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9 thoughts on “A Furry Friend in Need!

  1. My MIL has been feeding stray cats in her area for several years now. Shortly after she started the cat population exploded, I think there are hundreds of cats now she is feeding and its getting more (started with 4 of them…)
    We suggested to get them sterilized but she says always its too expensive but somehow paying more and more money on cat food is fine for her (crazy woman!).
    Each time we are there we take care of some kittens, I probaly still have some nice pictures of them somewhere lost on my harddrive :p

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    • Wow! That thought had occurred to me, but to be fair I only feed the kittens and certainly not enough for them to think they can rely solely on me for food. I don’t want to undermine their survival skills. Your MIL should check to see if her area has a TNR program, but there are also a lot of vets who are willing to do surgeries at cost for strays. It’s so sad!

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  2. I really love the idea of spaying/neautering and rereleasing. What you said makes a lot of sense.

    I normally have a lot of sympathy for strays and it warms my heart how many of my neighbors pitch in to provide make-shift shelters, water, and food for homeless animals. lately, however, there are a couple of cats that have become quite a nuisance. My next door neighbor always feeds the momma cat so her and her kitten sit outside our door all day and night. They poop and pee on the stair landing and the mother tries to get into our apartment, twice succeeding and attacking our small dog, once leaving her bloody. I’m not sure what to do.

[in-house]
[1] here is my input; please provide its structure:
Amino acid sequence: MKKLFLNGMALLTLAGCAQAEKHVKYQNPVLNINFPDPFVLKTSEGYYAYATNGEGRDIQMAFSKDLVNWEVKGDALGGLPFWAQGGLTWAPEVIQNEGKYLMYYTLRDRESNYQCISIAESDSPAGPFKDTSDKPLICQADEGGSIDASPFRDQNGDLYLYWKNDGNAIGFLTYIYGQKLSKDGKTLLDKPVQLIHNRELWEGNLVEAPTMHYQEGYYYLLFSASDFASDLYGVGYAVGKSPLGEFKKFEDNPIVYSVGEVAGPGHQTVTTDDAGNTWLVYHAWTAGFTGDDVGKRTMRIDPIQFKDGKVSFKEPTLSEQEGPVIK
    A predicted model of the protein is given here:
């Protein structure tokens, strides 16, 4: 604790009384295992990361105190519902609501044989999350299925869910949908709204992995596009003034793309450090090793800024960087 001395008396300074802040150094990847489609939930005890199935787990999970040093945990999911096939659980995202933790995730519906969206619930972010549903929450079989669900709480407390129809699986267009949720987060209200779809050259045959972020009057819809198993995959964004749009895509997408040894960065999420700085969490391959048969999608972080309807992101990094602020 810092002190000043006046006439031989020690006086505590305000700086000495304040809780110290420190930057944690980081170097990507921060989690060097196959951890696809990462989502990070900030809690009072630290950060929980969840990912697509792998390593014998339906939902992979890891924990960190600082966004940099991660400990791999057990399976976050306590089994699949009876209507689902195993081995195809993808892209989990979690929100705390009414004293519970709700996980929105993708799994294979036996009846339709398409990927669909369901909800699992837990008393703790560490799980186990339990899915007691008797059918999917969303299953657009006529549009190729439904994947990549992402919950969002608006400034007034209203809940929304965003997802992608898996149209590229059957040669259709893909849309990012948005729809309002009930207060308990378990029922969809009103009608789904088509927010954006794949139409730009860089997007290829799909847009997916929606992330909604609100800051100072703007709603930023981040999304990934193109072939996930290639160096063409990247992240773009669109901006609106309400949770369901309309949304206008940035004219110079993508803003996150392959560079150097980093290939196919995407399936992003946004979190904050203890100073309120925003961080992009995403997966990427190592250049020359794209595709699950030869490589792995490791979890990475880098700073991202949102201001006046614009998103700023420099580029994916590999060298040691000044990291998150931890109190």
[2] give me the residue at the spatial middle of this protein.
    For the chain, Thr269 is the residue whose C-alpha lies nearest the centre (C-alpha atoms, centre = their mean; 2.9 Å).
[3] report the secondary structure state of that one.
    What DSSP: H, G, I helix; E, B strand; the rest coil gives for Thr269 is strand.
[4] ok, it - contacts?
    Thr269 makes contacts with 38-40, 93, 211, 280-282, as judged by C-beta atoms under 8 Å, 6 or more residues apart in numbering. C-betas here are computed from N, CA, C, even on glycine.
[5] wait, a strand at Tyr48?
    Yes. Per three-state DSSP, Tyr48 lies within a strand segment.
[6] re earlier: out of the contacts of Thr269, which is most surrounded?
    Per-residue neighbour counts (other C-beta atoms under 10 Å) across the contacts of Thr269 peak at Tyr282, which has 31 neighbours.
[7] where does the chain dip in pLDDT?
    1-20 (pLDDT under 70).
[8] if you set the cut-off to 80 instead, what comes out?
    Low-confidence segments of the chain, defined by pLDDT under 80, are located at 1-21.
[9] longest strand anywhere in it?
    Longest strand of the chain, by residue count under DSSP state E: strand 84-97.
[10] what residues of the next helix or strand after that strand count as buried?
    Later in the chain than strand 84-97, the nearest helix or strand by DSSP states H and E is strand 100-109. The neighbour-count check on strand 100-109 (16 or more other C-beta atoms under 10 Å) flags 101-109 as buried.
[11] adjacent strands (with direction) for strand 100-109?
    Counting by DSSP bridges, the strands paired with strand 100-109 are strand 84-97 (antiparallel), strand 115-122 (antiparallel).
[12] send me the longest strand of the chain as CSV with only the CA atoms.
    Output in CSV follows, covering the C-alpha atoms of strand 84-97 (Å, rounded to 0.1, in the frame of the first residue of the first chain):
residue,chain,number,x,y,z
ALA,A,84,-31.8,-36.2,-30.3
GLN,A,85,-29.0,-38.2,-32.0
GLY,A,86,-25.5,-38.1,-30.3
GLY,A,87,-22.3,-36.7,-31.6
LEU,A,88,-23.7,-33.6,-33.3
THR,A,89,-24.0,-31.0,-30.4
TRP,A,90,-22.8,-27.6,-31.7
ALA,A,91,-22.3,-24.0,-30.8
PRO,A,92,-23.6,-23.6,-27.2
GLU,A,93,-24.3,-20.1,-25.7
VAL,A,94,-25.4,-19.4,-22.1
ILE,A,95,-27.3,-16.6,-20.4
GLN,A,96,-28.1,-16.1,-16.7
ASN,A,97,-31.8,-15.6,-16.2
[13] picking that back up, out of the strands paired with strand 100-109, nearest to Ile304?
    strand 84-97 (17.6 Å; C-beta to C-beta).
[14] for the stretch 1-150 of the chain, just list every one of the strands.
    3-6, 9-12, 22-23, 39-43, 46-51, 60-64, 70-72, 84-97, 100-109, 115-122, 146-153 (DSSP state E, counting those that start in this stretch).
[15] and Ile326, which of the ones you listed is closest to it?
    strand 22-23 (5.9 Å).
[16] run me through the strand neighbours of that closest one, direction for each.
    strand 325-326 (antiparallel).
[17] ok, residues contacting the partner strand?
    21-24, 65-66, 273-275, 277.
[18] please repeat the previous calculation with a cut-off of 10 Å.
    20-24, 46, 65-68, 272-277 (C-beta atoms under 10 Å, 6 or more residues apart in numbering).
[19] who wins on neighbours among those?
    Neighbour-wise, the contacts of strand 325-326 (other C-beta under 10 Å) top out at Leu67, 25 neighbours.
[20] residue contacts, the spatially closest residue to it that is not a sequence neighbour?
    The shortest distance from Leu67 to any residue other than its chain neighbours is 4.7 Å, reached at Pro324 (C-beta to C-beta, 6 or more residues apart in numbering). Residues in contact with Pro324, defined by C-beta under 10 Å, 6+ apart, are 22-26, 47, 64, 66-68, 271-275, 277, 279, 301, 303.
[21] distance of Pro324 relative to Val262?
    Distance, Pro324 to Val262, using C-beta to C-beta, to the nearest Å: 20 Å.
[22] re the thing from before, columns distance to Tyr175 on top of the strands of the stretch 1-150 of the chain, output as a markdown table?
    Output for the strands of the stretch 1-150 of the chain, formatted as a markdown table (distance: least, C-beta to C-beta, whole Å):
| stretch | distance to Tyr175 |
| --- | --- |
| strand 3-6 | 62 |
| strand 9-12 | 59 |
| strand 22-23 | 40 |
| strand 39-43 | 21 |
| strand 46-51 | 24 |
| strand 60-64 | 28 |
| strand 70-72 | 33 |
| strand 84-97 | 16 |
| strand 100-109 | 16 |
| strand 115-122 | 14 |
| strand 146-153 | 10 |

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    • That’s not good! You should search online (in English and Chinese) for an animal shelter. More and more cities in China are constructing no-kill shelters. They may even be able to come help you catch them. Sounds like momma kitty definitely needs to be spayed, since they tend to calm down a lot after the surgery. Good luck!

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  3. How great to know there’s a TNR program in Shanghai! I was in China a couple of years back, visiting a small town Shanxi province, when I found three tiny baby kittens by the site of the road. They hadn’t even opened their eyes yet, but their mother was nowhere to be found. I tried to ask around what to do with them, but I think the locals had enough worries on their own without having to think of the kittens. By the time I was back, one had stopped moving. This experience was so traumatising I couldn’t close my eyes without seeing those kittens meowing for their mother. It’s great to hear that there are programs designed to help these little guys! I wish I could help you find a foster home!

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    • That stuff kills me! Unfortunately, my baby kitty didn’t make it. She was living at the vet clinic for a week and she suddenly took an unexplained turn for the worse and didn’t pull through. I was pretty upset, but couldn’t help but admit that perhaps it was for the best. She most likely wasn’t going to regain use of her back legs and I have to seriously question the quality of life that comes along with that kind of condition. I feel terrible that I didn’t bring her to the vet sooner, when I knew she was sick but hadn’t gotten hurt yet.

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      • Oh that’s sad news 😦 But you shouldn’t feel guilty, you did all you could given you had no idea what was going to happen, and I’m sure not everyone would have gone to such lengths to try and save her!

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      • Thank you for saying that! I know it on one level, but at the same time I can’t help but feel kind of guilty. Anyway, if you know people in Shanghai, spread the word about TNR! We need lots of volunteers and/or donations!